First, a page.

Wyatt Earp History Page

Wyatt Earp

Welcome to the
Wyatt Earp History Page


The Largest and Most Informative Source About Wyatt Earp on the Net!

WWW.WYATTEARP.NET



 Earp - Reilly Brouhaha (August 1880)

    While in court for the case of the State vs George Perrine, an argument erupted between Justice James Reilly and attorney Harry Jones.  Reilly ordered the officers in the room to remove Jones.  Startled by the events, the officers that were present hesitated for a moment.  Justice Reilly then tried to forcibly remove Jones from the court room.  Jones retaliated by punching Reilly in the face.  At that point Wyatt Earp intervened and arrested both parties.  

    Earp took Jones before Justice Gray on the charge of assault, but was released on his own recognizance and returned to Reilly courtroom to continue the dispute.  Reilly fined Jones $25 for contempt and order him to spend twenty four hours in the county jail.  While waitng for the stage, Earp released Jones on his own reconizance and Earp then went back to Reilly's courtroom.  Reilly then asked Earp why he should not be fined for comtempt by the court for failing to obey the justice's order to removed Jones from the courtroom in the first place.  Earp told Reilly to consider himself under arrest when he returned from Tucson.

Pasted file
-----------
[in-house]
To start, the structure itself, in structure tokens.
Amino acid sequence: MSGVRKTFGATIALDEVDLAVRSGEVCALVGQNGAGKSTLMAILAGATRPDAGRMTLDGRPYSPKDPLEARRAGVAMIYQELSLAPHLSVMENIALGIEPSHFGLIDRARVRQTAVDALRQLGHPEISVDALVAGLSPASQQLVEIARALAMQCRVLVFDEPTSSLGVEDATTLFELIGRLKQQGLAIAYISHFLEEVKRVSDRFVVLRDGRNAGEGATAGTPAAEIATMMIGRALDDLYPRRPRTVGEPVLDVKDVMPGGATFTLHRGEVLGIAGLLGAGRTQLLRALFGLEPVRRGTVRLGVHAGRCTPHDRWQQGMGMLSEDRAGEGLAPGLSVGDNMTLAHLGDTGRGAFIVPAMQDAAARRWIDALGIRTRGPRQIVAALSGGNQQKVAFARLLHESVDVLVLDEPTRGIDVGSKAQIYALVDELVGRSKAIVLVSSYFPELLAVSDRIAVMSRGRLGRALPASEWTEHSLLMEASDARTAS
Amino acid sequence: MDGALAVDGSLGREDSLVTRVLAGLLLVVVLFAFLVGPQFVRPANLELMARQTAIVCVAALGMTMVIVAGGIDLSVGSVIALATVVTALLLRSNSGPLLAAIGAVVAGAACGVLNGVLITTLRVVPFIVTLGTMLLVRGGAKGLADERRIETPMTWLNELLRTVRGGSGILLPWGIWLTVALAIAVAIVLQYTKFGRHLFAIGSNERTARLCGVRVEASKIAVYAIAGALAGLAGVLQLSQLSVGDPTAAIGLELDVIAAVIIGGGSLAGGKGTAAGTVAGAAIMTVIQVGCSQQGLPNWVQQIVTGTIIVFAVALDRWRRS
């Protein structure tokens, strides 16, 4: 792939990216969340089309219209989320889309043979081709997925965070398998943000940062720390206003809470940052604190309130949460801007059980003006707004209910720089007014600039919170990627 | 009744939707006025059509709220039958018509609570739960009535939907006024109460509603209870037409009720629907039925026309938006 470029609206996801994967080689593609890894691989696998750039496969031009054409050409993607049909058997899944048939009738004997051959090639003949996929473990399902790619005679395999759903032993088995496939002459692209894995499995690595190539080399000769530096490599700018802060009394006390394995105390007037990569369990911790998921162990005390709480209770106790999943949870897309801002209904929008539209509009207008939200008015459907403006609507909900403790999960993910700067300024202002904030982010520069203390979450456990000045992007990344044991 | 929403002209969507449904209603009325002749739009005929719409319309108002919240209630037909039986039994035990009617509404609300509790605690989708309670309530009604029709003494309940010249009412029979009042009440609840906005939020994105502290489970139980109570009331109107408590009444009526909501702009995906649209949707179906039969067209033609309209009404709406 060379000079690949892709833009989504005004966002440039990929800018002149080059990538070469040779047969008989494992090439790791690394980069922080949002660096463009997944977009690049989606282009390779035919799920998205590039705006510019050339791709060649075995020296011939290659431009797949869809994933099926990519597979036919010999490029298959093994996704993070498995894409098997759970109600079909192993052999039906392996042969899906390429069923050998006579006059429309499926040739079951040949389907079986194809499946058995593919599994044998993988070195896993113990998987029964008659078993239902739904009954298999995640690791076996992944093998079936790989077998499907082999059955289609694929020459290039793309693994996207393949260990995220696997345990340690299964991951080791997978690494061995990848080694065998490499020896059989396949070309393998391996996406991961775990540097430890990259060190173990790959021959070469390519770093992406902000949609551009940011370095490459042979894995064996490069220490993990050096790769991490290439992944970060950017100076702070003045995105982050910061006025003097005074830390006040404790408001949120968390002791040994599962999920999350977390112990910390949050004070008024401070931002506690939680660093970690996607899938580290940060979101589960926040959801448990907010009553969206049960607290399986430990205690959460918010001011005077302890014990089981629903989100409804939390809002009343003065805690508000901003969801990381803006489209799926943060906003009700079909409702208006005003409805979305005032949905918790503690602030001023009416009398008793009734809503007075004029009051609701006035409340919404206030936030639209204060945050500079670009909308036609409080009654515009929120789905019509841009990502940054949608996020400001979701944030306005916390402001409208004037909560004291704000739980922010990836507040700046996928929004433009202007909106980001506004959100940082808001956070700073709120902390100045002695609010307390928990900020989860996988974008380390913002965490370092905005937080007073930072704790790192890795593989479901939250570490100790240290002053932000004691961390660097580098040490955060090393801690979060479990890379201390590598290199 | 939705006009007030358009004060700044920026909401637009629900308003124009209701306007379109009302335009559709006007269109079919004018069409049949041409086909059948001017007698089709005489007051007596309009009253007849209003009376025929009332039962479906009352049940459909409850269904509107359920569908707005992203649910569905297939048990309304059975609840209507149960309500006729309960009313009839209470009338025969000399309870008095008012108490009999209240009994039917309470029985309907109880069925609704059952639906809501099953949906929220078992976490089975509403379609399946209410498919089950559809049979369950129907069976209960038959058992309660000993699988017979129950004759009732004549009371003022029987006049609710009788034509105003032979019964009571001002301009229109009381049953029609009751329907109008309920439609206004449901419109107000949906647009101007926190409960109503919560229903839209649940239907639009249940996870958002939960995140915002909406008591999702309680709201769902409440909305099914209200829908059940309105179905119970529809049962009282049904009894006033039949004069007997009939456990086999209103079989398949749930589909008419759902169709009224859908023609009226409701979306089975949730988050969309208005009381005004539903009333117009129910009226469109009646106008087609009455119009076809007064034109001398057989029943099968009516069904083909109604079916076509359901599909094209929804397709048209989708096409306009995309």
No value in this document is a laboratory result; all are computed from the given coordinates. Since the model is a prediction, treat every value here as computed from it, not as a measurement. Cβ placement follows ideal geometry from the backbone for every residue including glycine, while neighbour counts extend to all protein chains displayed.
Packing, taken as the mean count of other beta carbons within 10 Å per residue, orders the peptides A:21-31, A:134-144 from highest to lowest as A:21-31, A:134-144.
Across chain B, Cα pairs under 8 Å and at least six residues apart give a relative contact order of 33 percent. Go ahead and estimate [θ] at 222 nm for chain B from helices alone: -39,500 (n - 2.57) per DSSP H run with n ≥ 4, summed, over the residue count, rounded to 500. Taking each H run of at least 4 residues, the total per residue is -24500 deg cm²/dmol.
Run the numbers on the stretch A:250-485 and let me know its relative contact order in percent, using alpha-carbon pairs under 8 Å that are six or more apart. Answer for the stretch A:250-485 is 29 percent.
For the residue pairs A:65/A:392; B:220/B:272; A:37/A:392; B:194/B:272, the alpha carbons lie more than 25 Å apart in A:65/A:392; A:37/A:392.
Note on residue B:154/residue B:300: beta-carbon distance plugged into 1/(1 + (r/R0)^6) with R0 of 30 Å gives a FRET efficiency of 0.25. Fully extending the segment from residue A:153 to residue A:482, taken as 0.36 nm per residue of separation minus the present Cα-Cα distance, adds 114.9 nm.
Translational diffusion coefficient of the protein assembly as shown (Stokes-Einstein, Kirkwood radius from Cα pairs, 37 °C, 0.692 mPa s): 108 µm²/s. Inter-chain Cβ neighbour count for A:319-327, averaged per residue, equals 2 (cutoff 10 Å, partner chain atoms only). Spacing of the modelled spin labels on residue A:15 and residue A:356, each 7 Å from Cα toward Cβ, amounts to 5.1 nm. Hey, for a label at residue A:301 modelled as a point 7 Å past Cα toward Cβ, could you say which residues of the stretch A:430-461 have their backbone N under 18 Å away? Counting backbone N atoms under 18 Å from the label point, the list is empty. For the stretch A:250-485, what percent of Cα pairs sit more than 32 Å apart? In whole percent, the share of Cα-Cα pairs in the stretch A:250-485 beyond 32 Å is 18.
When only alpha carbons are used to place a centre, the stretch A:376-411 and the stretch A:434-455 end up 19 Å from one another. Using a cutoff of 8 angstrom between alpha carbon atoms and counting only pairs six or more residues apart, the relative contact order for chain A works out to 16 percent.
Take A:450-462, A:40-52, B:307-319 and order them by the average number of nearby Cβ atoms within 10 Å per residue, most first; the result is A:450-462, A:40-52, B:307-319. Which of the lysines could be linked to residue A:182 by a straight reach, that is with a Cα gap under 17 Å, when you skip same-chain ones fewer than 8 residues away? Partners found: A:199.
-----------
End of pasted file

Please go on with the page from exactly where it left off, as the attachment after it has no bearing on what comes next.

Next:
Earp took Jones to Tucson.  Judge J. S. Woods later released Jones following a writ of Habeas Corpus.  The Tucson newspapers reported the event and momentarily commented that Wyatt Earp had also been arrested in the affair. However, this error was quickly corrected. The Arizona Daily Star on August 19, 1880, stated that an error had been made in the transcription of the original telegram and apologized to Wyatt Earp for the misunderstanding.

The Tucson Daily Citizen, on August 18, 1880, wrote: "These cases have caused unlimited amusement among the legal fraternity of both this city and Tombstone, where the defendants reside."

 



Your host is Steve Gatto, author of The Real Wyatt Earp (Edited by Neil Carmony) (2000),Johnny Ringo (2002), Curly Bill, Tombstone's Most Famous Outlaw (2003).  Steve's latest work, Hurled Into Eternity, The Story of Wyatt Earp and the Gunfight at the O.K. Corral has not yet been released.

Portions of the text appearing on this site come from the above books.
"bravery and determination were requisites, and in every instance proved himself the right man in the right place."  Tombstone Epitaph